Play is a universal language for kids.

That's why select camps throughout the Garden State have opted to host children from war-torn Ukraine, free of charge, for summer 2022.

"I felt that camp could be a fantastic healing experience for these kids, and I think we we were pretty dead-on with that," said Jonathan Gold, who directs Tamarack Day Camp in Randolph, Oak Crest Day Camp in Somerset, and Pine Grove Day Camp in Wall.

The three locations are handling a total of a dozen or so children whose families fled Ukraine to live with loved ones in the Garden State.

"We gave them all full scholarships to camp this summer," Gold said.

The children range from age 5 to pre-teen, Gold said.

There is a language barrier, but staffers use online translators when necessary. And, Gold was surprised to learn that some staff members could speak Ukrainian or Russian.

Youth, though, instinctively know how to interact with one another, he noted.

"I don't care what language it is, I don't care what country you come from — if you can start to understand a game, you can communicate, and that's what we've seen happen," Gold said.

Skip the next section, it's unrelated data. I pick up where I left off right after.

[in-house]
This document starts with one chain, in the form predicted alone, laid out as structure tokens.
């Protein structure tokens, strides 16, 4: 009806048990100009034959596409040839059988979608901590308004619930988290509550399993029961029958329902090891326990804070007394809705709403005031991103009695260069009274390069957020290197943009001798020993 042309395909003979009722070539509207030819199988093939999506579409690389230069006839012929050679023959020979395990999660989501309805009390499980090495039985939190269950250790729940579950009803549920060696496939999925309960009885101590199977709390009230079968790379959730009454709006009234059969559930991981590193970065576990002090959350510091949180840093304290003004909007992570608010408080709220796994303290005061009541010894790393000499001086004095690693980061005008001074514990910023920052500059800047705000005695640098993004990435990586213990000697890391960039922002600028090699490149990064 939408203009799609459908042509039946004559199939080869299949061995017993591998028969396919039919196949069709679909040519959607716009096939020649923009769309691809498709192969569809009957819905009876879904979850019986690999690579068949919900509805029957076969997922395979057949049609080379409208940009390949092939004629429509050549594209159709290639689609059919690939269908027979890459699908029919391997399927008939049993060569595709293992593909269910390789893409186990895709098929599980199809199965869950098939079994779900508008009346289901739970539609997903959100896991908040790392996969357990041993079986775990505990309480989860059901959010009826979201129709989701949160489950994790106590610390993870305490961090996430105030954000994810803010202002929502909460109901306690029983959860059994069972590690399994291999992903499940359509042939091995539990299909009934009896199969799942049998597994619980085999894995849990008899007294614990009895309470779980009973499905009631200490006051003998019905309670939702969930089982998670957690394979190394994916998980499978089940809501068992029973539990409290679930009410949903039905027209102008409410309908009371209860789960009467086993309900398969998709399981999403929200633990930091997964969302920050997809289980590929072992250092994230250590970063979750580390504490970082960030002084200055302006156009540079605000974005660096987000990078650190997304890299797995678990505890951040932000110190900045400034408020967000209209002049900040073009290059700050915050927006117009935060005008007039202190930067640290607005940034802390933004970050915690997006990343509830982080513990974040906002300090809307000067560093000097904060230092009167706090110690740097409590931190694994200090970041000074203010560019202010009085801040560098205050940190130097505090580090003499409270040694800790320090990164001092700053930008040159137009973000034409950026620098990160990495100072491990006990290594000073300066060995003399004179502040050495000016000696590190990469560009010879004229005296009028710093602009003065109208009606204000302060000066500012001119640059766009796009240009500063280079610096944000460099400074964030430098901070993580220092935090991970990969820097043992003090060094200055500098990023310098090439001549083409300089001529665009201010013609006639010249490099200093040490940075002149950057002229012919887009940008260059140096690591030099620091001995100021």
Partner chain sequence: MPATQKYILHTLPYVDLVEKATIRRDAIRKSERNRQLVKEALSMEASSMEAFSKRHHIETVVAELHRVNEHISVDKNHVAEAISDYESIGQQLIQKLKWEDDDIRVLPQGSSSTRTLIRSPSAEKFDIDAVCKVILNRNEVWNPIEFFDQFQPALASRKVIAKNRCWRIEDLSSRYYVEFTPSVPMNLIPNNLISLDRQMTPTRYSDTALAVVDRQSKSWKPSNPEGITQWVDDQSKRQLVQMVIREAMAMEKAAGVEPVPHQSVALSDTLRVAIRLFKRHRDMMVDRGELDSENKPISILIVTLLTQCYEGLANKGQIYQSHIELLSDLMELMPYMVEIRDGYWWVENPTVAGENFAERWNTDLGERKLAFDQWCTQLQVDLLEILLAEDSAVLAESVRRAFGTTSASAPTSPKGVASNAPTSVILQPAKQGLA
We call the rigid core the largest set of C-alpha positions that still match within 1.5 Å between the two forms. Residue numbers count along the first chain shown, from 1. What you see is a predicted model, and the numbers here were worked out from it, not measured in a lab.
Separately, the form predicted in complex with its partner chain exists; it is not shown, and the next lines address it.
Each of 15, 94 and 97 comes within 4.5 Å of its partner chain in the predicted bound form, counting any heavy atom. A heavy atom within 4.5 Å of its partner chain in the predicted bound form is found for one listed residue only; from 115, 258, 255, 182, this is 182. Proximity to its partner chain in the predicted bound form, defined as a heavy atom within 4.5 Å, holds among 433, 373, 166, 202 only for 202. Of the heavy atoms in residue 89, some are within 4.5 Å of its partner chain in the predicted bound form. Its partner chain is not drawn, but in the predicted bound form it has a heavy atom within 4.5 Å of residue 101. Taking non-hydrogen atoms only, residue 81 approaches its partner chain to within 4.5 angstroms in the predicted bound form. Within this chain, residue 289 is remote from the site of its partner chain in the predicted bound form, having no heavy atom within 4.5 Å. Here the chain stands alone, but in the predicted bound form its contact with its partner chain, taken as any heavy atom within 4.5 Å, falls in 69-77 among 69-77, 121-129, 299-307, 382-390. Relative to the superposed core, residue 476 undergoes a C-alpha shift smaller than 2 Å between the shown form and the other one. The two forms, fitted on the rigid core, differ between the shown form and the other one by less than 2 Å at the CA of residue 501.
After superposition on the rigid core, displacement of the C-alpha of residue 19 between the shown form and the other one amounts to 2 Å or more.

This isn’t the first time camps have responded to children affected by tragedy, according to the American Camp Association, NY and NJ. Through the Association's Heal the Children program, camps offered free services to children who lost a parent on Sept. 11, 2001, and again to children whose homes were damaged by Sandy in October 2012.

"Providing children with a rewarding summer at camp is one small way we can help them overcome adversity," said Alicia Skovera, executive director.

On a national level, the American Camp Association worked with the U.S. Department of State to place more than 100 Ukrainian high school exchange students at overnight camps across the country.

Dino Flammia is a reporter for New Jersey 101.5. You can reach him at

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